On 9 March 2020, all Italy with bated breath was in front of the television, Prime Minister Giuseppe Conte had just signed the #iorestoacasa decree and in videoconference, with unified networks, he announced: "There will no longer be a red zone, there will no longer be a zone one and zone two, but an Italy protected zone. Travel will be avoided except for three reasons: proven work issues, cases of necessity and health reasons".
Immediately after the Premier's announcement, there was panic: supermarkets stormed for fear that supplies would run out; hunting for cleaning and hygiene products that disappeared from store shelves in a few hours; hunting for masks, gloves and sanitizing gels that are practically unavailable and sold by weight in gold. A few hours after that announcement, Italy entered lockdown to contain the Covid-19 pandemic.
The cities and streets suddenly emptied. People remained closed in their homes, being able to go out only "for work needs, health reasons and necessities" to be self-certified in a document to be shown to the police. Outside, a ghostly silence interrupted only by the sound of ambulance and police vehicles sirens. Of the first weeks of the lockdown, we will certainly remember the isolation, the long calls to hear neighbors, relatives and friends, but above all some particularly strong and violent images such as the march of army trucks with the load of coffins along the streets of Bergamo or that of Pope Francesco alone, in the rain in an empty St. Peter's Square as he turned to God asking him not to leave us at the mercy of the storm.
We have lived and are still living a reality that was unthinkable until recently. We have been increasingly involved in virtual communities made possible by social networks that seemed to convey our existence towards the virtual-technological sphere. And so in the early days of the pandemic, we worked to fill a certain technological gap by inventing a new everyday life: physical distancing, distance learning, home working, videoconferencing, etc. The advantages of the control of the pandemic were not lacking but as the days the months passed, we realized the importance of social relations as an essential element of our life as "social animals" that cannot be replaced by digital media. In other words, the pandemic by forcing us to stay away has made us understand how much we need each other. Never before have cities without men discovered a human face as in the time of the lockdown. “Everything will be fine”, we read on the balconies where at sunset the Italians gathered to send out a musical message of hope.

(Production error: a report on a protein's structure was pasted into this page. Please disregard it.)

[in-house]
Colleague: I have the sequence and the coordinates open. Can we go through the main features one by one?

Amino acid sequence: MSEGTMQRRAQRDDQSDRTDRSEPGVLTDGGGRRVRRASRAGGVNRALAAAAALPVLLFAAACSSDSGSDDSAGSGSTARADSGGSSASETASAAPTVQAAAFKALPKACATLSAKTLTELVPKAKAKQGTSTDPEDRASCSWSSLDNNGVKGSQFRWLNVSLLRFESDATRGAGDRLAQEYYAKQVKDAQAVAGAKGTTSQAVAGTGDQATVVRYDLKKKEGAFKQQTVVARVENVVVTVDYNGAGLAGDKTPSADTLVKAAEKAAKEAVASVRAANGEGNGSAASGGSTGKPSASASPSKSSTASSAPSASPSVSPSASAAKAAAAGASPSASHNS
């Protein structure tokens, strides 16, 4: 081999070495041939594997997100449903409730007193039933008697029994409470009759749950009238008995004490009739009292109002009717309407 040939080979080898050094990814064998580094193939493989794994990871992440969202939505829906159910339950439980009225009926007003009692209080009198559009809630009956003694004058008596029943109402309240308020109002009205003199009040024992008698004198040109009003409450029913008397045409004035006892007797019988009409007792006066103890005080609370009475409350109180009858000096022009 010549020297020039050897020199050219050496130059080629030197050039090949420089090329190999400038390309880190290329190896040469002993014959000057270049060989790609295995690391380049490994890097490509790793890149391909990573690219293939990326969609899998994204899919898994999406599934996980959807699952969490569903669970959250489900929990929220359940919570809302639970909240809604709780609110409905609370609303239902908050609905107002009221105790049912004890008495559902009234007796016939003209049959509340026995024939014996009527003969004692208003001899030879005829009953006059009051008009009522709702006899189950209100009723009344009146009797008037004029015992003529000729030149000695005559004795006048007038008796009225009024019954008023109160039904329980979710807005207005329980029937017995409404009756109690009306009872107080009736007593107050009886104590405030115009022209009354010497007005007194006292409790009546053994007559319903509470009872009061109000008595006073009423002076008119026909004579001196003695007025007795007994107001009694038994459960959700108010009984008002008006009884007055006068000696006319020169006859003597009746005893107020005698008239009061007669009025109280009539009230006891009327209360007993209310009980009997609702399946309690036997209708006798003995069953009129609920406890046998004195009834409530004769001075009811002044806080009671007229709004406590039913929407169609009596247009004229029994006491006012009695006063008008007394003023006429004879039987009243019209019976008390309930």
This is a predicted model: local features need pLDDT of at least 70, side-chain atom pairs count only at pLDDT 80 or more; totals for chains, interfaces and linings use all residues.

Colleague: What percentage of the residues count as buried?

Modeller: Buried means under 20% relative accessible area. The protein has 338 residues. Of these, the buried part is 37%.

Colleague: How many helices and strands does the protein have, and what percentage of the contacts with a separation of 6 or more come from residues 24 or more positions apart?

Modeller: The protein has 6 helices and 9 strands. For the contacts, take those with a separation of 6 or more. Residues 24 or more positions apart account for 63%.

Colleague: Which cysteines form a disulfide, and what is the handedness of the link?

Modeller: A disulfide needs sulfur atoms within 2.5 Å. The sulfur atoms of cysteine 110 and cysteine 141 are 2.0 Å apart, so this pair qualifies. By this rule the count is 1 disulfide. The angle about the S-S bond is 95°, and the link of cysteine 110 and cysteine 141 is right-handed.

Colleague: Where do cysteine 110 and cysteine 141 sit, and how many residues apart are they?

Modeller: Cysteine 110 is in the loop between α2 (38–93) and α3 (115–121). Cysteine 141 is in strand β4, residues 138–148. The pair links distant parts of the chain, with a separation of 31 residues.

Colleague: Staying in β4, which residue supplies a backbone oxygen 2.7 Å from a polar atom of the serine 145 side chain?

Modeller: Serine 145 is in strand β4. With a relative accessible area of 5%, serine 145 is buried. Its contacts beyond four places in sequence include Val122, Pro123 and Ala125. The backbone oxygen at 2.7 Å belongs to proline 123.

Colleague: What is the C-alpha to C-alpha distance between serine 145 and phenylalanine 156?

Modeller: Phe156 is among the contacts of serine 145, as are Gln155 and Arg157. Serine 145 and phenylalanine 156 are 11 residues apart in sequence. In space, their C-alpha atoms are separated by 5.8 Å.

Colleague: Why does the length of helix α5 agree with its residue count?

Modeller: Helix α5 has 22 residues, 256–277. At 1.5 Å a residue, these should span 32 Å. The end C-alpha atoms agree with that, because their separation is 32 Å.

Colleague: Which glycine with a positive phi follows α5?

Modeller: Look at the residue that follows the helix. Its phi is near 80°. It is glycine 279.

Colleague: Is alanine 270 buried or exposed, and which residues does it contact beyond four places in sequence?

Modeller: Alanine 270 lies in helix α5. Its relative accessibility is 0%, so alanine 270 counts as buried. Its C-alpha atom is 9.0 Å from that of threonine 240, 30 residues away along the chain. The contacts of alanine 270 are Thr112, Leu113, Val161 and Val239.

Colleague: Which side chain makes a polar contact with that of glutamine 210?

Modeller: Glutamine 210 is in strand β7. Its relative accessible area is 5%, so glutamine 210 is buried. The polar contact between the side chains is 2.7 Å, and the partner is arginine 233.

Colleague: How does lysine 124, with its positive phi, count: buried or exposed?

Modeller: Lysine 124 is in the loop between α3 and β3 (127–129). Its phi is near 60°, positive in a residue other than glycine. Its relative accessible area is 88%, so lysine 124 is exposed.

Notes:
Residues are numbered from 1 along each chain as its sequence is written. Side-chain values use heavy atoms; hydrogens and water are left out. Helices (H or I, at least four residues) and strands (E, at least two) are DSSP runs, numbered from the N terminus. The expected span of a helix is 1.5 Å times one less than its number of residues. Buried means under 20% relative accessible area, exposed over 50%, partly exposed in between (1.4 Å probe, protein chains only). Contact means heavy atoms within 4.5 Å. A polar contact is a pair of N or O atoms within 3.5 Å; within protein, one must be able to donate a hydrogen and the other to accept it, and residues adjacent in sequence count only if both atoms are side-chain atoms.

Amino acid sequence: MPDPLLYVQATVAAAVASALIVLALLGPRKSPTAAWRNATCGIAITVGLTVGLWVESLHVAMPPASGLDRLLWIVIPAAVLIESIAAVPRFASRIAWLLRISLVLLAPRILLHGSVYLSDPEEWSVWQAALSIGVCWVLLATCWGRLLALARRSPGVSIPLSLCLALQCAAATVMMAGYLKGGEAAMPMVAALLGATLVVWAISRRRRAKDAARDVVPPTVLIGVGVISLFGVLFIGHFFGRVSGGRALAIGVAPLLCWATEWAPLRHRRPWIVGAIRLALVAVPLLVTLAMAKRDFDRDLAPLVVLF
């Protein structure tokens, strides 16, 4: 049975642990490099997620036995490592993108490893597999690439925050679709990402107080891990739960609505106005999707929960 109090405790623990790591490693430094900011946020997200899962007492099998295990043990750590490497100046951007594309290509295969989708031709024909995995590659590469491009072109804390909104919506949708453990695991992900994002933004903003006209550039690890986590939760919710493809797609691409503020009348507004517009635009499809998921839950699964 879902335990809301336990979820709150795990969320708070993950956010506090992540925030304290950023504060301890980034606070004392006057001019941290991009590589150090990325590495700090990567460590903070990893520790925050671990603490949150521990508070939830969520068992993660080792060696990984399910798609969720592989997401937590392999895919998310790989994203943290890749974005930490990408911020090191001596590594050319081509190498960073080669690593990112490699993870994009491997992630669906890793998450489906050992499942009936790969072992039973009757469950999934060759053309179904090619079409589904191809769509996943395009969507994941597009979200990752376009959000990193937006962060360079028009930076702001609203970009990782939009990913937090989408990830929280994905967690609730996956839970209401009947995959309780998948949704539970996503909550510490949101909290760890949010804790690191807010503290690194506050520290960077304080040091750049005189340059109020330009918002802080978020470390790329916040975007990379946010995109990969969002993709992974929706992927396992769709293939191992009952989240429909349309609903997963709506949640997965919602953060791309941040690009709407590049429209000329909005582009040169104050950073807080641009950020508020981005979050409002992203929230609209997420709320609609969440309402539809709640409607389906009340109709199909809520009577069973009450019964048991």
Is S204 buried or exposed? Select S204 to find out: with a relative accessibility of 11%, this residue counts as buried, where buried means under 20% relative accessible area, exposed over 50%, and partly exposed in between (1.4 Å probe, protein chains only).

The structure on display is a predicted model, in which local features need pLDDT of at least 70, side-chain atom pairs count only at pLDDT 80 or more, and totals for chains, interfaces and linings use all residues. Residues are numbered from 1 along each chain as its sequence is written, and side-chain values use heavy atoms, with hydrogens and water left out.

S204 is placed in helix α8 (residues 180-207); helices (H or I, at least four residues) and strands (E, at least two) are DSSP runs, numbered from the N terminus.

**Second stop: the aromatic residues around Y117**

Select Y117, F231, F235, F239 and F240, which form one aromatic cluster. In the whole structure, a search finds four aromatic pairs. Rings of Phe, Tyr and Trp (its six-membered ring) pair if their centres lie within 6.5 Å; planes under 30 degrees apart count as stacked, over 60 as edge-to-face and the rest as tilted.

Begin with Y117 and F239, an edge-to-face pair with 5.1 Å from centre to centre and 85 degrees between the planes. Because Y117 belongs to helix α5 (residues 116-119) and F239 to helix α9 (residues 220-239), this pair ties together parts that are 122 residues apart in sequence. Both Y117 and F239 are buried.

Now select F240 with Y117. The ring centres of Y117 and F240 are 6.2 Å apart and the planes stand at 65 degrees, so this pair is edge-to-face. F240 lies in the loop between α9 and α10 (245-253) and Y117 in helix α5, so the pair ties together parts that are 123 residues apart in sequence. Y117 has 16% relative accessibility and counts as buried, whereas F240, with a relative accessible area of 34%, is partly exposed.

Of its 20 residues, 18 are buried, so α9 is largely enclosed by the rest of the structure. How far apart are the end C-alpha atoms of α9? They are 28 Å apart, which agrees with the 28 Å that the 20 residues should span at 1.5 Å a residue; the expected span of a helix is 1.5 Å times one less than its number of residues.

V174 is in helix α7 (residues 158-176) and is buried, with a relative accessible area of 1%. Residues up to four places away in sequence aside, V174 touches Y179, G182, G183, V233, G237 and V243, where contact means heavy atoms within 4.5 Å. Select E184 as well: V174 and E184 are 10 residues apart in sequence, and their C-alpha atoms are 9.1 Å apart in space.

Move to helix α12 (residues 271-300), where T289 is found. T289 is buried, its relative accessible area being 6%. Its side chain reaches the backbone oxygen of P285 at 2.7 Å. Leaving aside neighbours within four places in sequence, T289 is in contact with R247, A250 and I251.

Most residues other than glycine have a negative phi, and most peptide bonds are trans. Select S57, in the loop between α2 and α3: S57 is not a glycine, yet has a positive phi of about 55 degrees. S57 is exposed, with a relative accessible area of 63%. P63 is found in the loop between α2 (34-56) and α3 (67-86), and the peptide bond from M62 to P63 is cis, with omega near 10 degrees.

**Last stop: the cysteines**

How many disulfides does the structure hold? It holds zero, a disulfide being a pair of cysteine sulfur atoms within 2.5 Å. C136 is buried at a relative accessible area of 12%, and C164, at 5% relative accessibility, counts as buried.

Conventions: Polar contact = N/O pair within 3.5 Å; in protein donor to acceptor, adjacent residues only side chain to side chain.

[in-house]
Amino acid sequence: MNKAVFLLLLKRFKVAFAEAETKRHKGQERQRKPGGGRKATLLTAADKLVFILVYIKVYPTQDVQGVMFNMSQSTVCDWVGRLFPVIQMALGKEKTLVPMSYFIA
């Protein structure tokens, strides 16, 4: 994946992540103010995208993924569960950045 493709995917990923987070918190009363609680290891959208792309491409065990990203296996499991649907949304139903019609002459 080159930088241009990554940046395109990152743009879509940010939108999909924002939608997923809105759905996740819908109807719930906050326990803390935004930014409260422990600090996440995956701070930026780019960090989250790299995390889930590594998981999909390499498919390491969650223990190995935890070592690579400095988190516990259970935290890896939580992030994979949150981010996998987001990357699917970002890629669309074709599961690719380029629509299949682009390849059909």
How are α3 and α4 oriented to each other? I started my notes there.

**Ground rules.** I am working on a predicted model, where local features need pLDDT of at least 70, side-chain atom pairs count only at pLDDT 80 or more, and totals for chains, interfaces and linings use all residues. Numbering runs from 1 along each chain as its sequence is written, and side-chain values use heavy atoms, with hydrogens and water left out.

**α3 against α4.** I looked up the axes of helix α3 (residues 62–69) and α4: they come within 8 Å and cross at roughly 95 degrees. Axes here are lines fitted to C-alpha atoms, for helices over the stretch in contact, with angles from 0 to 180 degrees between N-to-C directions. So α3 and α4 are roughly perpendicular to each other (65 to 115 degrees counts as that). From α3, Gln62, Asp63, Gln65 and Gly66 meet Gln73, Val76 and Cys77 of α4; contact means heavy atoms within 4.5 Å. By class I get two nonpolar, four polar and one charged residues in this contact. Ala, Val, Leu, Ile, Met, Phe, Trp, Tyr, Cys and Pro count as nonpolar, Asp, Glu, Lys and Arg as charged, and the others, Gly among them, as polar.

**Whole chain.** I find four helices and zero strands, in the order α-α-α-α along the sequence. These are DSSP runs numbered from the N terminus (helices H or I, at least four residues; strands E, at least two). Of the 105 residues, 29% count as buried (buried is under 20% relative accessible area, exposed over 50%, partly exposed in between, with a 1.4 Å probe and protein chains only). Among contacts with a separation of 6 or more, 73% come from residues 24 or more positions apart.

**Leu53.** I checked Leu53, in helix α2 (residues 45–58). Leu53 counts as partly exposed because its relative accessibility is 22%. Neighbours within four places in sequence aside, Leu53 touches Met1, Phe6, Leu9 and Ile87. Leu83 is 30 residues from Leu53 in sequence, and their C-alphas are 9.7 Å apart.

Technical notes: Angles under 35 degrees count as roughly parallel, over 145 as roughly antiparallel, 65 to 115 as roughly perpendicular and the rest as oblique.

In the silence of those days, we all discovered something forgotten or to which we had not paid particular attention. This also happened to Antonio Riello who on January 21st will open an exhibition in the Danielle Arnaud Gallery in London, showing some of the works created during the lockdown period. There is Confined Tools series, a series of pen drawings that "explore" the domestic dimension.
Riello’s lockdown drawings, Confined Tools, are a very personal and tormented form of reportage of a kitchenscape. During these weird times, the artist started an obsessive production of a catalogue of his kitchen tools and food: just humble sketches, but together these might be considered tantamount to a lockdown visual dictionary; a sort of late-modern encyclopedia (currently 347 tools have been classified). This has now become a work in progress; a taxonomic classification of every creature ‘living’ in the artist’s domestic environment. Riello has turned himself into an XVIII century-style explorer re-discovering his familiar indoor spaces as if they were pristine unknown exotic islands. This evidently Linnean attitude echoes Riello’s passion for Mark Dion’s research. The aim is to set an anthropological museum of culinary ergonomy and domestic cruelty.
As the artist states, in addition to the domestic dimension, this series also explores a more complex environmental habit. For example, in Post it:
The great trophies of bourgeois and aristocratic safari (typical of mansions and important palaces/castles) are transformed into distressing warnings of an anxious and liquid age. Some of these drawings were made in a hermitage with the collaboration of an artist friend, Gabriele Bonato, who lives a monastic life in the hermitage.
Alongside this series on display, there will also be another very special series created by Riello. It is Ashes to Ashes, where the artist ceremonially burns some of his beloved and influential books, reducing them to illegible ashes. The ashes of each book are then placed in special urns designed by the artist following the medieval tradition of preserving medieval relics of saints.
Each urn (made of borosilicate glass) is properly printed with the book name and author, year of first publication and year of destruction: a virtual library, a book cemetery, a devote homage, a respectful funeral celebration of the printed books and libraries.
What will remain of this strange period? Antonio Riello’s show is full of ideas and emotions as his artistic practice has accustomed us for years.